The bring-your-own-device (BYOD) trend has been around for years in U.S. workplaces and even though it's become a fixture at many companies, some IT shops are still coming to grips with it.
In hard numbers, the prevalence of BYOD in the workplace is difficult to measure. Researchers offer a wide variety of statistics.
Research firm Strategy Analytics, for example, said three-quarters of business smartphones and tablets shipped in the second quarter in North America were slated to wind up in the workplace -- either bought by businesses outright for their workers or by people who planned to use them in the office.
However, another research firm, J. Gold Associates, found in its latest annual survey of large businesses that just 15% of those businesses had a majority of their employees use their own devices for work purposes.
Such wide variations likely occur because some companies reimburse workers for buying their own smartphone or tablet to use at work, and even pay part or all of a monthly wireless service charge. Other companies expect a BYOD worker to pay for it all, while offering back-end support for company apps used on the devices.
At the heart of the BYOD trend is the distinction between "personally liable" devices -- those brought in from home by workers -- and "corporate liable" hardware, where a company owns a smartphone or tablet provided for a worker's use, with the company usually paying all costs. Corporate liable practices have evolved in recent years to include a choose-your-own-device (CYOD) model where a business allows workers to select from a list of specified devices for business use, primarily to give IT shops more control over hardware and data.
Further complicating matters: A California court ruling that requires companies to reimburse employees for work-related use of their own personal devices. It remains unclear how far-reaching that decision could be.
"We see BYOD going on a long time, and now CYOD has emerged," Strategy Analytics analyst Phil Hochmuth said in an interview. "BYOD has even leaked into the regulated industries like banks, which is the last bastion."
Banks, facing stiff federal regulations in the U.S., have traditionally relied on a corporate-liable model to better control the specific smartphones or tablets used, as well as the apps running on them. Under that system, workers are usually not permitted to use any personal apps or do any work on the devices outside of work. The main intent is to keep sensitive corporate data from leaking out over personal email or other pathways.
Given that tradition by banks, Hochmuth said it is interesting that J.P. Morgan Chase is apparently dropping support for BlackBerry devices and mandating that some employees pay for their own devices, BlackBerry or otherwise. The shift would save the bank tens of millions of dollars.
Both BlackBerry and J.P. Morgan did not comment on the report, although the device maker has recently touted growing interest by various banks and governments in its latest BlackBerry Enterprise Server management products, which can support devices running on several different operating systems.
"The report about J.P. Morgan was so interesting because it's the type of company that has always followed that model of corporate liable," Hochmuth said. "You are seeing BYOD reach down to the regulated industries."
Even if the rate of actual BYOD usage is much lower than 75% in the U.S., Hochmuth said it is decidedly widespread.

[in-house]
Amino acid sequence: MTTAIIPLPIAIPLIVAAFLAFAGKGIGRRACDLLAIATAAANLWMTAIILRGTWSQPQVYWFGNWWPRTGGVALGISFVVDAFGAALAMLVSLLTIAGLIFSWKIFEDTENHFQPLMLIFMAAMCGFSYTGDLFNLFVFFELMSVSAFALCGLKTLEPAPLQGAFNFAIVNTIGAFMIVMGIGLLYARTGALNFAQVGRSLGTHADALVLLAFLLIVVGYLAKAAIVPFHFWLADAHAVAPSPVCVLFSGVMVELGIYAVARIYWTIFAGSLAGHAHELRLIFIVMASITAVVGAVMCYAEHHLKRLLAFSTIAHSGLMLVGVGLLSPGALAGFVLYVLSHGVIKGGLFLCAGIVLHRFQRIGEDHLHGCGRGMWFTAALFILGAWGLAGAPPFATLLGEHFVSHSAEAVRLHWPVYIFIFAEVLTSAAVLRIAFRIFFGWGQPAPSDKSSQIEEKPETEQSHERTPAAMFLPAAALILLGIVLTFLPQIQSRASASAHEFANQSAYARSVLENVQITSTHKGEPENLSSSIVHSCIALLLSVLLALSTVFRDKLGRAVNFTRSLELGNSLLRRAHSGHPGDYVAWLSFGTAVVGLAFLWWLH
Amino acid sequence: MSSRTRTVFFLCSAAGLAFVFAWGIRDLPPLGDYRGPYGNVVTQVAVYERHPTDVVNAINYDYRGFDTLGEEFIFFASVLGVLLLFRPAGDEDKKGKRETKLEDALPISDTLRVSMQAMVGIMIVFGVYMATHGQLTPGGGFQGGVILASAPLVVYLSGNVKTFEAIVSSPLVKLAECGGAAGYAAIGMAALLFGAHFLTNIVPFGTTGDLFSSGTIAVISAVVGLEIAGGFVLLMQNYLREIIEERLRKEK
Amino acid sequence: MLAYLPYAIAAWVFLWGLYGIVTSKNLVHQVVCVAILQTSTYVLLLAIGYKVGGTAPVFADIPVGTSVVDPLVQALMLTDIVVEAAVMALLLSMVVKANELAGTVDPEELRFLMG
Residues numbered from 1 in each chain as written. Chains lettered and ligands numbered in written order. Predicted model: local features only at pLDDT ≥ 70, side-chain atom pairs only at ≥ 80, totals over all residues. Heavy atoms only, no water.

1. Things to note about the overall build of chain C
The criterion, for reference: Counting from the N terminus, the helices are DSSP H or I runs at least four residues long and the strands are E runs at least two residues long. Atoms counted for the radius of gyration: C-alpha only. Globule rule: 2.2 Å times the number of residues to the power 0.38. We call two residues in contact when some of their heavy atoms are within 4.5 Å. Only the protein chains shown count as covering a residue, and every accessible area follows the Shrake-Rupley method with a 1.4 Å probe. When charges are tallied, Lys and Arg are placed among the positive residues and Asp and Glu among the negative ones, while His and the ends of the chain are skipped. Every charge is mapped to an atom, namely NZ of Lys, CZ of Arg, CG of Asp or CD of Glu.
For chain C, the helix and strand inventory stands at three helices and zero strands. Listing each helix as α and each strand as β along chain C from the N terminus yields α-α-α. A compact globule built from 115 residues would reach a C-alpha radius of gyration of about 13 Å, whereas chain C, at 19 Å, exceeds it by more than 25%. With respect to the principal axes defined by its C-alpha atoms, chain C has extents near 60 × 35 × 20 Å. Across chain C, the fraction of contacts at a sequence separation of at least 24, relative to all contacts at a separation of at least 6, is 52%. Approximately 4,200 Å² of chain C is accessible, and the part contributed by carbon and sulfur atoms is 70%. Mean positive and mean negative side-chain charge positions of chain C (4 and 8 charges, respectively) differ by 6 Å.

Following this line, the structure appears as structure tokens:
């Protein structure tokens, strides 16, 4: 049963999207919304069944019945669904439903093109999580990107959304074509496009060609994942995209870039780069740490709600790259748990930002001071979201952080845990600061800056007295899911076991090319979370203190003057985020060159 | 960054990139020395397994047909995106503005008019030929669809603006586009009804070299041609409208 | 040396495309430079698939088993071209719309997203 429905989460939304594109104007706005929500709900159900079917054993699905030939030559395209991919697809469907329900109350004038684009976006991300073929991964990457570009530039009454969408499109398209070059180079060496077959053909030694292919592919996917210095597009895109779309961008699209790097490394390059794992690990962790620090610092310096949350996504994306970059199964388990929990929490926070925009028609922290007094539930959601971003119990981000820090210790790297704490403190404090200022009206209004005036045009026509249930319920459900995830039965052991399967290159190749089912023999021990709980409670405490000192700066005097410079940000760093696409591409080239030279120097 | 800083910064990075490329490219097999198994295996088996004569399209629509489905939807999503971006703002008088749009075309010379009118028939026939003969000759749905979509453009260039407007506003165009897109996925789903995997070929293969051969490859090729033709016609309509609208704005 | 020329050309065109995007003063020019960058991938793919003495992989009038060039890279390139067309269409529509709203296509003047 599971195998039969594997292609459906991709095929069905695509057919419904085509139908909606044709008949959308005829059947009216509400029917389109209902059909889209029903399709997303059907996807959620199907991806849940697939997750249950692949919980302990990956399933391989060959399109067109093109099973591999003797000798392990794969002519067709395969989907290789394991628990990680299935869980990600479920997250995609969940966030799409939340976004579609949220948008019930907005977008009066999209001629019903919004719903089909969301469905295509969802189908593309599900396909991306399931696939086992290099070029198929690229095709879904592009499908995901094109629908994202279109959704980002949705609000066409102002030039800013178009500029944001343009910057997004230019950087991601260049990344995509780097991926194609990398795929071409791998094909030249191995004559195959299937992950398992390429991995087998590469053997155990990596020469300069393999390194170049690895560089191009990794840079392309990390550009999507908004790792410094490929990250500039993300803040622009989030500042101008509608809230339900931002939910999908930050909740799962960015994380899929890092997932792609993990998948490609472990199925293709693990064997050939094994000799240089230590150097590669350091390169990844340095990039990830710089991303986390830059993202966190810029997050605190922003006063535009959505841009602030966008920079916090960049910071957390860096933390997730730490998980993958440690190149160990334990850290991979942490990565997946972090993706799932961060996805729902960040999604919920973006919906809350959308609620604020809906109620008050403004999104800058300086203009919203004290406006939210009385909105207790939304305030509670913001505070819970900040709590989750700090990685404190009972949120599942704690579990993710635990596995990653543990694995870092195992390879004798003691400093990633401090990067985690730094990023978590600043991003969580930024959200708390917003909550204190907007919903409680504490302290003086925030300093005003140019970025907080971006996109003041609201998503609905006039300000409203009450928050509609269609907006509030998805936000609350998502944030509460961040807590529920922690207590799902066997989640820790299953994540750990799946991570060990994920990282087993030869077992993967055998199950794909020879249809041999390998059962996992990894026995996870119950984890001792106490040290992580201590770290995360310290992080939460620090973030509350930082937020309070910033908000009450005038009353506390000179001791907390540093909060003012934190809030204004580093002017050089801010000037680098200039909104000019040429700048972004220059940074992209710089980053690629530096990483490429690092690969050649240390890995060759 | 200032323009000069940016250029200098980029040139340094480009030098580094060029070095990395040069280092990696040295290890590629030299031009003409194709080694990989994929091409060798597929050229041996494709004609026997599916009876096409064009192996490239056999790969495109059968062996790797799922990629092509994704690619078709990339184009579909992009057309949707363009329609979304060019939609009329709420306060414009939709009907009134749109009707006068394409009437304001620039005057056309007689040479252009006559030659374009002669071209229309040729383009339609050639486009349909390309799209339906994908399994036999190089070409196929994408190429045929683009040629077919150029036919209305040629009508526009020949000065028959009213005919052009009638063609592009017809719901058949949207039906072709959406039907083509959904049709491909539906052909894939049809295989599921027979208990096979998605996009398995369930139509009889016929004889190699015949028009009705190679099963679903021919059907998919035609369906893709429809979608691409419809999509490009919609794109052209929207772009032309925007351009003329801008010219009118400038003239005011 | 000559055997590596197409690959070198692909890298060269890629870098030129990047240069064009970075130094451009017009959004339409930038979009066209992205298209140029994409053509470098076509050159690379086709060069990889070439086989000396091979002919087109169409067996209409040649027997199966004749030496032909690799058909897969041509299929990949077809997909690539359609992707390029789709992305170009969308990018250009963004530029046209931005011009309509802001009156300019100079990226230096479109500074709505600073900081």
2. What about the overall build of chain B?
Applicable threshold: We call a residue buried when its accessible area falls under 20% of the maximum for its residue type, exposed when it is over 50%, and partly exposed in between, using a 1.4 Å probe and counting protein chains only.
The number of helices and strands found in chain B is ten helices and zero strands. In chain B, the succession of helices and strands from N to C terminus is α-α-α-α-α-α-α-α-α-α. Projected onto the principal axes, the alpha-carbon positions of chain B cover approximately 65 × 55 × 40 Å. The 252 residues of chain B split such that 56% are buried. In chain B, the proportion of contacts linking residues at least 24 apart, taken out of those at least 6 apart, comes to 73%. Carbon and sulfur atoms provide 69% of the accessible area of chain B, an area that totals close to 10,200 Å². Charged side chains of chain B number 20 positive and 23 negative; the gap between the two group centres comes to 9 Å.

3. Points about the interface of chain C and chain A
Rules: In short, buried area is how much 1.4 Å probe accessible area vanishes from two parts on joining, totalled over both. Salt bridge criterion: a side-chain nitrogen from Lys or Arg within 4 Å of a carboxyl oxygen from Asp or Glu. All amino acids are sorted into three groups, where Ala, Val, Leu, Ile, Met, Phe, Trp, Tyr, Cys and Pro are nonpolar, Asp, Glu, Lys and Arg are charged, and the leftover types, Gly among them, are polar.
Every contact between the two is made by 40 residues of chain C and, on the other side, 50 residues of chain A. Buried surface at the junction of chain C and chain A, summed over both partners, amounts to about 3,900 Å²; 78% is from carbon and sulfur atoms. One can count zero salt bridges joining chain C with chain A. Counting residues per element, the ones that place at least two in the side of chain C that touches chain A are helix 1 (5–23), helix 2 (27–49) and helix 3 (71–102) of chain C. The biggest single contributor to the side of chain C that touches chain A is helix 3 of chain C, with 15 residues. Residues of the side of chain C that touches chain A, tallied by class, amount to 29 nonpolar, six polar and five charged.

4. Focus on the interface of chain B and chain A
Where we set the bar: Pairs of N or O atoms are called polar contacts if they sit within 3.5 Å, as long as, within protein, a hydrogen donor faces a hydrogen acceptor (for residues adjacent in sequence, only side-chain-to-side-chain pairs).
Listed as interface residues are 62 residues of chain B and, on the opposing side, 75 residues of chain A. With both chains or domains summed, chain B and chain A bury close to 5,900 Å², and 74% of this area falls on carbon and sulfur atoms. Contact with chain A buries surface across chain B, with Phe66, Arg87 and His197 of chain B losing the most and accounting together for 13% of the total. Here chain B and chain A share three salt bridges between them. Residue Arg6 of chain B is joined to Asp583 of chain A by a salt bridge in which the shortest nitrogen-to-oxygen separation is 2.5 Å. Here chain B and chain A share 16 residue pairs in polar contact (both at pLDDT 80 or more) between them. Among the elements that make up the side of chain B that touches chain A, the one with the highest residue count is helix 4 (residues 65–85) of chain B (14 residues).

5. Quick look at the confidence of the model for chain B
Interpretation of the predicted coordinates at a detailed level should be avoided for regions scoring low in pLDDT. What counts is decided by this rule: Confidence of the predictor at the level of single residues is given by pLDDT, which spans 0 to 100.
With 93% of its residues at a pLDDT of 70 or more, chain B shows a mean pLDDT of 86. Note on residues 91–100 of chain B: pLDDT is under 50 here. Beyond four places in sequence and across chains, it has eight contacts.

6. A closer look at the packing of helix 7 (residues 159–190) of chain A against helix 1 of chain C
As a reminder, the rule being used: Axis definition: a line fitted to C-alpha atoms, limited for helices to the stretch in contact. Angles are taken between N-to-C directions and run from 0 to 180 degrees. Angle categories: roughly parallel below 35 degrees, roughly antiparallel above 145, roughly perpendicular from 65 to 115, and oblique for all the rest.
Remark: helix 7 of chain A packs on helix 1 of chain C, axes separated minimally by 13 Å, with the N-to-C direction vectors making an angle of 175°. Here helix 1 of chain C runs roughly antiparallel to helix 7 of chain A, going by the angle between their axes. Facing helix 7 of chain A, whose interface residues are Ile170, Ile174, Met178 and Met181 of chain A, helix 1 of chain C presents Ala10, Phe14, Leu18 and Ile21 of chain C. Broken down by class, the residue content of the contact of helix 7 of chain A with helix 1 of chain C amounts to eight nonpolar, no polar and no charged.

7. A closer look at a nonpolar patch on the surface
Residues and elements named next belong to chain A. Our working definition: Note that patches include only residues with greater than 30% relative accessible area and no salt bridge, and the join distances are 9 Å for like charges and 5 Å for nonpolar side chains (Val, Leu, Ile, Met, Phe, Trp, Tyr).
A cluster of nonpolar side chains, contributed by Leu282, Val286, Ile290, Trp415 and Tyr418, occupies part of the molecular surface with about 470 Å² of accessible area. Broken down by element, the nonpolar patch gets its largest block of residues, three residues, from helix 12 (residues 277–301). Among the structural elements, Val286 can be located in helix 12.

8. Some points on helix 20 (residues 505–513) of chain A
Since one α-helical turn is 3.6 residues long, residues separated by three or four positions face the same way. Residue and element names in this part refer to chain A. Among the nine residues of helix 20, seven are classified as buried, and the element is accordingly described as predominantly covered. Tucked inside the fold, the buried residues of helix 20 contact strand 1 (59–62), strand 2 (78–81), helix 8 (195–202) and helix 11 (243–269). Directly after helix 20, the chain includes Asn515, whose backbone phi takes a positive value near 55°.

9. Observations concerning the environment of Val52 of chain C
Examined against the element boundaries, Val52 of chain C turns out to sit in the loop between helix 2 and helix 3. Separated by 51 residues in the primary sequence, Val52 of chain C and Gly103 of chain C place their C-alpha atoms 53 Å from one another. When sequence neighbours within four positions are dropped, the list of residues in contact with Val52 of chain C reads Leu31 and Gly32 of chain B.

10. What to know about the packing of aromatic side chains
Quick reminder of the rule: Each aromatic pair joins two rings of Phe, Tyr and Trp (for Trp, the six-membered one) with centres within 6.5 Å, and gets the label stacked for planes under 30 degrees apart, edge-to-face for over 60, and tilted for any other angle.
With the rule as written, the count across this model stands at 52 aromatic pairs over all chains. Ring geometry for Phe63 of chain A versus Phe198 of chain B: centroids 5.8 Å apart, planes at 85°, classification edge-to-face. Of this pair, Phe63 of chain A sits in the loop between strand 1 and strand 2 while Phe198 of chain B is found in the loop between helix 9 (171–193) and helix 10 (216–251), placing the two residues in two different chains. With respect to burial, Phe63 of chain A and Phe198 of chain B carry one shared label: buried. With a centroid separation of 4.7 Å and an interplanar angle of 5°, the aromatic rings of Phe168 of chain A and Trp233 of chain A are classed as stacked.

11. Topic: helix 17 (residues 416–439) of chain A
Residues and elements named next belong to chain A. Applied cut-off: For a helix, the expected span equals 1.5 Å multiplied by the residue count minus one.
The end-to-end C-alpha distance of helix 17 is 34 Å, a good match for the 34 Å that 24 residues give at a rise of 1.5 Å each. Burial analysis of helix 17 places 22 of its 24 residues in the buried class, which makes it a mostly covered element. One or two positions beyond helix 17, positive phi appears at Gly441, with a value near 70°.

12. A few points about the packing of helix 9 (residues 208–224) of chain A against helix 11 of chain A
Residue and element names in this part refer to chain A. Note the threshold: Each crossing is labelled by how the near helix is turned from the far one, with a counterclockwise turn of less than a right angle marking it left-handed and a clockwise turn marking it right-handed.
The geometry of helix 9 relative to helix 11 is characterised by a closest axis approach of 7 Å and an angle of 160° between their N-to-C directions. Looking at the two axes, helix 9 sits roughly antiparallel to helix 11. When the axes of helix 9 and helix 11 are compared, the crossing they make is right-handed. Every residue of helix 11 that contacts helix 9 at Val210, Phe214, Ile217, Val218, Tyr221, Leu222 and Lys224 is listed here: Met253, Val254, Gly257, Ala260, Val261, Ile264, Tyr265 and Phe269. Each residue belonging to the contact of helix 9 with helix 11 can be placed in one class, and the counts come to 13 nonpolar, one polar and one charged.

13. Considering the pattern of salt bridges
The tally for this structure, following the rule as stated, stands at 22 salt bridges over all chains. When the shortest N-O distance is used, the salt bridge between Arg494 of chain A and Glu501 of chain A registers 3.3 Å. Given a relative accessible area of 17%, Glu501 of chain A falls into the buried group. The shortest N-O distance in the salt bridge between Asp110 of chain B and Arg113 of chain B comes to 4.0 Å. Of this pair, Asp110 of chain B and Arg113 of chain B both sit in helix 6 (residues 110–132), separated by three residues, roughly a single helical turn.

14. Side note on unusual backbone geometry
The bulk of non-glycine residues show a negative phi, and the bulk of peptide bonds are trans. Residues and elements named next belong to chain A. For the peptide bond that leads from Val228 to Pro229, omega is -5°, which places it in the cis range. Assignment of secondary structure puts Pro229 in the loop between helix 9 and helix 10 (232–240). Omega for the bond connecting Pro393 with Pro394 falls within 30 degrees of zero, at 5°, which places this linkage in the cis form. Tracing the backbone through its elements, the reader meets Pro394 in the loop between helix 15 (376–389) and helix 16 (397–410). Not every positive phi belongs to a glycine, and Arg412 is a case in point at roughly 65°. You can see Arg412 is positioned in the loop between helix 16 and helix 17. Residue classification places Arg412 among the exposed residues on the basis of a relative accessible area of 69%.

"BYOD is the norm," he said. "Companies are getting out of the business of buying phones. Enterprises just don't want to do that anymore. It makes sense for companies to have plans to give stipends to workers for service or to transfer the phone number to the company" for the company to pay the bill.
On the other hand, software management costs and other costs to support BYOD can be unexpected.
"When workers bring in new phones, you don't have the IT department to test the phone and there could be hidden costs and more support calls and IT help desk tickets. Suddenly, you may have everybody submitting an expense report for phones and service, which is an added cost," Hochmuth said. "With corporate liable, it was preconfigured and set up. "
Jack Gold, an analyst at J. Gold Associates, said J.P. Morgan or any company switching to BYOD faces potential support costs. "I'm not sure how J.P. Morgan would figure it can save millions," by dropping BlackBerry, Gold said. "If they assume they saved due to making users buy their own devices, how do they equate that to the increased cost of support?"
Gold added that in his consulting with businesses, "we are seeing a pullback in BYOD at many companies. The cost savings they predicted by letting everyone buy and provision their own devices are not there. Managing all the diversity of devices can be overwhelming to IT and the help desk."
Ken Dulaney, an analyst at Gartner, has been consulting with IT shops for nearly a decade on whether to go BYOD or not. "Ultimately, we don't believe that full BYOD or full CYOD is the right method. Both need to be used in conjunction with each other."
Dulaney said one reason Gartner recommends both approaches is so IT won't be required to deliver the latest and greatest device to a worker. "They should have whatever gets the job done at the lowest possible cost, and that might be a phone that is two generations back," he said.
As for J.P. Morgan, Dulaney said management there "may be making sure that people who need a phone have one and removing company compensation from those who don't," since it is clear that the bank will still be paying for some workers' phones and service plans.
"We don't agree with a full BYOD program and feel it may not really save money," Dulaney added. "A combination of CYOD and BYOD is preferred."
This story, "BYOD is as entrenched (and complicated) as ever" was originally published by Computerworld.